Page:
Gov. Greg Abbot of Texas makes it a crime for parents and medical personnel to help children navigate gender transition, which help he defines as child abuse. Gov. Ron DeSantis of Florida forbids discussion of sexual orientation in kindergarten through third grade under penalty of law. Both Texas and Florida are beds of homophobic rhetoric, violence, and discrimination. Florida was where the singer Anita Bryant spewed her homophobia in in the 1970s. Both states are leading the attack on a woman’s right to choose. Both states are controlled by white men who bluster about keeping the government out of our homes. These are states that are also in the forefront of racist voter suppression.
If you add together women, people of color, the LGBTQ+ community, most people under 30, transsexuals and their families and friends, what you come up with is a large majority of Americans. (Even a majority of Republicans favor the precedent of Roe v. Wade.) What we all have in common is that we are the targets of a movement to limit our control of our bodies and our rights.
An attack on transsexual Americans is an attack on women, on the LGBTQ+ community, on people of color, on all of our allies. An attack on abortion rights is an attack on women and all others whose bodies the state might control. Georgia telling black voters that after a reduction in the number of polling places that will cause long lines at election time they can be arrested for offering a bottle of water to someone waiting in line for hours to vote is an attack from the same source. And so are anti-Asian insults hurled at the home of a Chinese American mayor. The source is hate.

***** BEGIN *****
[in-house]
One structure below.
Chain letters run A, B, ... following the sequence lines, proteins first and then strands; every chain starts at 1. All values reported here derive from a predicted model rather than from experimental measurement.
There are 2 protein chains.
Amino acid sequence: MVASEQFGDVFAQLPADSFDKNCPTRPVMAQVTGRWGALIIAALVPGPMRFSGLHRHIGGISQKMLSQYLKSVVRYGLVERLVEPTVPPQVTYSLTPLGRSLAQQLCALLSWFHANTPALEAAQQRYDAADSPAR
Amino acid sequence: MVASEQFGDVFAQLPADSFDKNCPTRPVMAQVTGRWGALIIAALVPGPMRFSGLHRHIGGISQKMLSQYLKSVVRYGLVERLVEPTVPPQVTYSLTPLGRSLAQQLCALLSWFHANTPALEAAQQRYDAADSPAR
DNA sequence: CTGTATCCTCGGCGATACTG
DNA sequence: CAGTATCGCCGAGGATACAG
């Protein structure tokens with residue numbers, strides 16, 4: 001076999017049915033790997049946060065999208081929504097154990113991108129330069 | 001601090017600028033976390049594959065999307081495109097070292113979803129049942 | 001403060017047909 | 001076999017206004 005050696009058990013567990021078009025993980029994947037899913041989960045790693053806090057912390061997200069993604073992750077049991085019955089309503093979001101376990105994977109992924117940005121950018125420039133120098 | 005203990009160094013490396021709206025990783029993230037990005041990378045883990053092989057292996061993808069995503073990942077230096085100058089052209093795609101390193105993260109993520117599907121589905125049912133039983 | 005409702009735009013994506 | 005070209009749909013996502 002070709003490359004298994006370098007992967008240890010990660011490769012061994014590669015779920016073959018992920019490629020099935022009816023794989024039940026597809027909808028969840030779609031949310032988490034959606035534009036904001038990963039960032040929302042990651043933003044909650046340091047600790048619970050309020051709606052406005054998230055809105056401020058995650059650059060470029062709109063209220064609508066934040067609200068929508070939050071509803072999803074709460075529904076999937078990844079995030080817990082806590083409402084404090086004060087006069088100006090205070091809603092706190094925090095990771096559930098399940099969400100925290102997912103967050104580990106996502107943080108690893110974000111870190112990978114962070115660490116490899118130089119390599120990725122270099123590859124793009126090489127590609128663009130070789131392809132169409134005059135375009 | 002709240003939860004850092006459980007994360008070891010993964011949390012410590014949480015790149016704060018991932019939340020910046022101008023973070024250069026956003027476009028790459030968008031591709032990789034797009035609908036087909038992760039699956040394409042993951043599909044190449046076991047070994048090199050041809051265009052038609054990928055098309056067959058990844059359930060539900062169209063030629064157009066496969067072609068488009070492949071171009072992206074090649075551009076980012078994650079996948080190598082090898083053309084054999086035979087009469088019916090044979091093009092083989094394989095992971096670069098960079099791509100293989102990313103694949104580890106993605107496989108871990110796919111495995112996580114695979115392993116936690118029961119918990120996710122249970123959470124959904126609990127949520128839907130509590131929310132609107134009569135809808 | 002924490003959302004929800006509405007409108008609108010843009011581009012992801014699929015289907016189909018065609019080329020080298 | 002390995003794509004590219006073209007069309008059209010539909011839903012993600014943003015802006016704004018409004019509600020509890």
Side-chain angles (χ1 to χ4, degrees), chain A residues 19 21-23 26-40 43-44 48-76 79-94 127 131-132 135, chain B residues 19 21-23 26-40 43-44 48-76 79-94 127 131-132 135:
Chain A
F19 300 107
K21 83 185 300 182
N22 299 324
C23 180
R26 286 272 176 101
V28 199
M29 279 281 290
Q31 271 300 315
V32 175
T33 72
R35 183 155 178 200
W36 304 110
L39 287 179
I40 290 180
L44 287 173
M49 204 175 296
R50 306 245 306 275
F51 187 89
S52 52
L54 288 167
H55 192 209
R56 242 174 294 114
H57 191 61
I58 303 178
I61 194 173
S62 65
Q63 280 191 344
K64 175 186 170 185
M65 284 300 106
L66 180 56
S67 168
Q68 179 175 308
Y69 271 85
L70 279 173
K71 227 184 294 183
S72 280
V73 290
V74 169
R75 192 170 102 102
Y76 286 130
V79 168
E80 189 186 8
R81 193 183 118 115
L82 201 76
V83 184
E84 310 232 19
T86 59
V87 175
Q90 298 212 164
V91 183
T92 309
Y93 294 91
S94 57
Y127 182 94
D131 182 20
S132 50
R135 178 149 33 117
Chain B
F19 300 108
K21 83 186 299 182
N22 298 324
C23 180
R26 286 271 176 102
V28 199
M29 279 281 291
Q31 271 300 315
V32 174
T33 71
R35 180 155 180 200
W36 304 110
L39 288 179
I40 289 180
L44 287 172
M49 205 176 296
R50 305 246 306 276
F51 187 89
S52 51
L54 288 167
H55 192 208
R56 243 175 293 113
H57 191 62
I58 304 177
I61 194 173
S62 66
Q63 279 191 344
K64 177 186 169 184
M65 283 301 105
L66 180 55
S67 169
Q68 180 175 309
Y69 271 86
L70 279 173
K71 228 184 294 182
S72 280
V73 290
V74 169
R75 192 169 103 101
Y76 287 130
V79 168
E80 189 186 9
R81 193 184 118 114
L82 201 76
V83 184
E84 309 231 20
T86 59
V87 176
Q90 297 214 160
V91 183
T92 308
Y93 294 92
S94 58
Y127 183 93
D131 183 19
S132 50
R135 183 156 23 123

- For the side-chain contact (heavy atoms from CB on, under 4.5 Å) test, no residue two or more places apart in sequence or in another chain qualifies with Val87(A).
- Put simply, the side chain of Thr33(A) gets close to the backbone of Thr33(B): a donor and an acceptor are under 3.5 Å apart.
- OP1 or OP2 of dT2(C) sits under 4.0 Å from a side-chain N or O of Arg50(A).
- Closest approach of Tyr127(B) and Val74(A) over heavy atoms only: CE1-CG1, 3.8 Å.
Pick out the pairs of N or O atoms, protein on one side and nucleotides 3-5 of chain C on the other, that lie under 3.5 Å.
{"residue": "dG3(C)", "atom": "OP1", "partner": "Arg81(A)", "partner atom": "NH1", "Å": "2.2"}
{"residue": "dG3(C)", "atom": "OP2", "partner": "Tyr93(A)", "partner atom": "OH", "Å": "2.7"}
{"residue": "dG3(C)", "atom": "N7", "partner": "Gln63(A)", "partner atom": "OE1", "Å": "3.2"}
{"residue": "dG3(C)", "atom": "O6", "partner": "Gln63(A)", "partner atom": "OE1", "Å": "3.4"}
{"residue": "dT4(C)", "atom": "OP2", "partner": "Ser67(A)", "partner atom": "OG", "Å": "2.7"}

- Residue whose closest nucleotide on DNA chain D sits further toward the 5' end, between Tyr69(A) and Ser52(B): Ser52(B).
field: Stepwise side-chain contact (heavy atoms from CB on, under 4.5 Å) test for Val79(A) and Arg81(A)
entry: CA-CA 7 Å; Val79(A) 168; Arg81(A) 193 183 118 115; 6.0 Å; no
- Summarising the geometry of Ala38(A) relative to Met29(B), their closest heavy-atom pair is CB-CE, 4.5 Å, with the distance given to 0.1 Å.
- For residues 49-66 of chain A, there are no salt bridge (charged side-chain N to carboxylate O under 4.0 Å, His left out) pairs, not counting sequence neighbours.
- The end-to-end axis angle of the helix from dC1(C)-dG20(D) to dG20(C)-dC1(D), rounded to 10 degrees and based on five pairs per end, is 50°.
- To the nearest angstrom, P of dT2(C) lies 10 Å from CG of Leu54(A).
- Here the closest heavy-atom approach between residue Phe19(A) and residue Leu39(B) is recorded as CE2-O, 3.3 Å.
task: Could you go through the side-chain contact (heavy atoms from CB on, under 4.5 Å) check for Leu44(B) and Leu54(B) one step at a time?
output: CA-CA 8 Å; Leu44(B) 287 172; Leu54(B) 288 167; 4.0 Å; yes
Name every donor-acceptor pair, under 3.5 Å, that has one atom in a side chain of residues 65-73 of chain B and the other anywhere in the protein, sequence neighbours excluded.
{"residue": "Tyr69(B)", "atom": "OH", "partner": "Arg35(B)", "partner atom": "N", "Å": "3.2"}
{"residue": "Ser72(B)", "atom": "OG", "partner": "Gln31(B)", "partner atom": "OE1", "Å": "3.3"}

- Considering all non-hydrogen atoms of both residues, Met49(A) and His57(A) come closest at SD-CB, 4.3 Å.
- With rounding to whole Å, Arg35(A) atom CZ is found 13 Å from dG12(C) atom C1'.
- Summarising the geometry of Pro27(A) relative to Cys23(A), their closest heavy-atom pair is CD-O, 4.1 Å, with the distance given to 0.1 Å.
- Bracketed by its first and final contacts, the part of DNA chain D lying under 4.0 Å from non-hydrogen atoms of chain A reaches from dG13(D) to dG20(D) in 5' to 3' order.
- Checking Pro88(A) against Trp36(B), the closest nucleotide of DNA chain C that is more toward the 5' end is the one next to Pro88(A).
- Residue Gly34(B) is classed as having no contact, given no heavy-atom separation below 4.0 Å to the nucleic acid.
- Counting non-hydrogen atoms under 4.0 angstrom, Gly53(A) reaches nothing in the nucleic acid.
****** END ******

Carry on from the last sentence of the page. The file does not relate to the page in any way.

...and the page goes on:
This is not a slippery slope, but rather a landslide. But things can get better. When I came out to family, friends, and colleagues in the early 1980s, the most common reaction was fear for my safety, for my career, for my rights. I have been a leader in the LGBTQ+ community in Dorchester. I managed the campaign for an openly gay state senate candidate. I successfully lobbied a state senator to change his vote to favor gay marriage. The more “out” I became, the more friends I have found. Resist being intimidated, silenced, and isolated, and you will find allies surrounding you. Take strength and courage from knowing that we are the many, the majority.
I am not a woman, or a transsexual, or a person of color, or a lesbian, or, God help me, a youth. But I am afraid. I remember the words of anti-Nazi Pastor Martin Niemölor: “First they came for the socialists, and I did not speak out – because I was not a socialist. Then they came for the trade unionists, and I did not speak out – because I was not a trade unionist. Then they came for the Jews, and I did not speak out – because I was not a Jew. Then they came for me – and there was no one left to speak for me.”
I urge like-minded people to fight against the haters. Send a contribution to an anti-hate candidate for governor or legislator in a red state. Call out to people that you know in red states, as well as to your neighbors, families and friends, to heed the call to fight hate. Do everything and anything that you can. I resurrect the words that we used at the height of the AIDS epidemic, “Silence equals death.”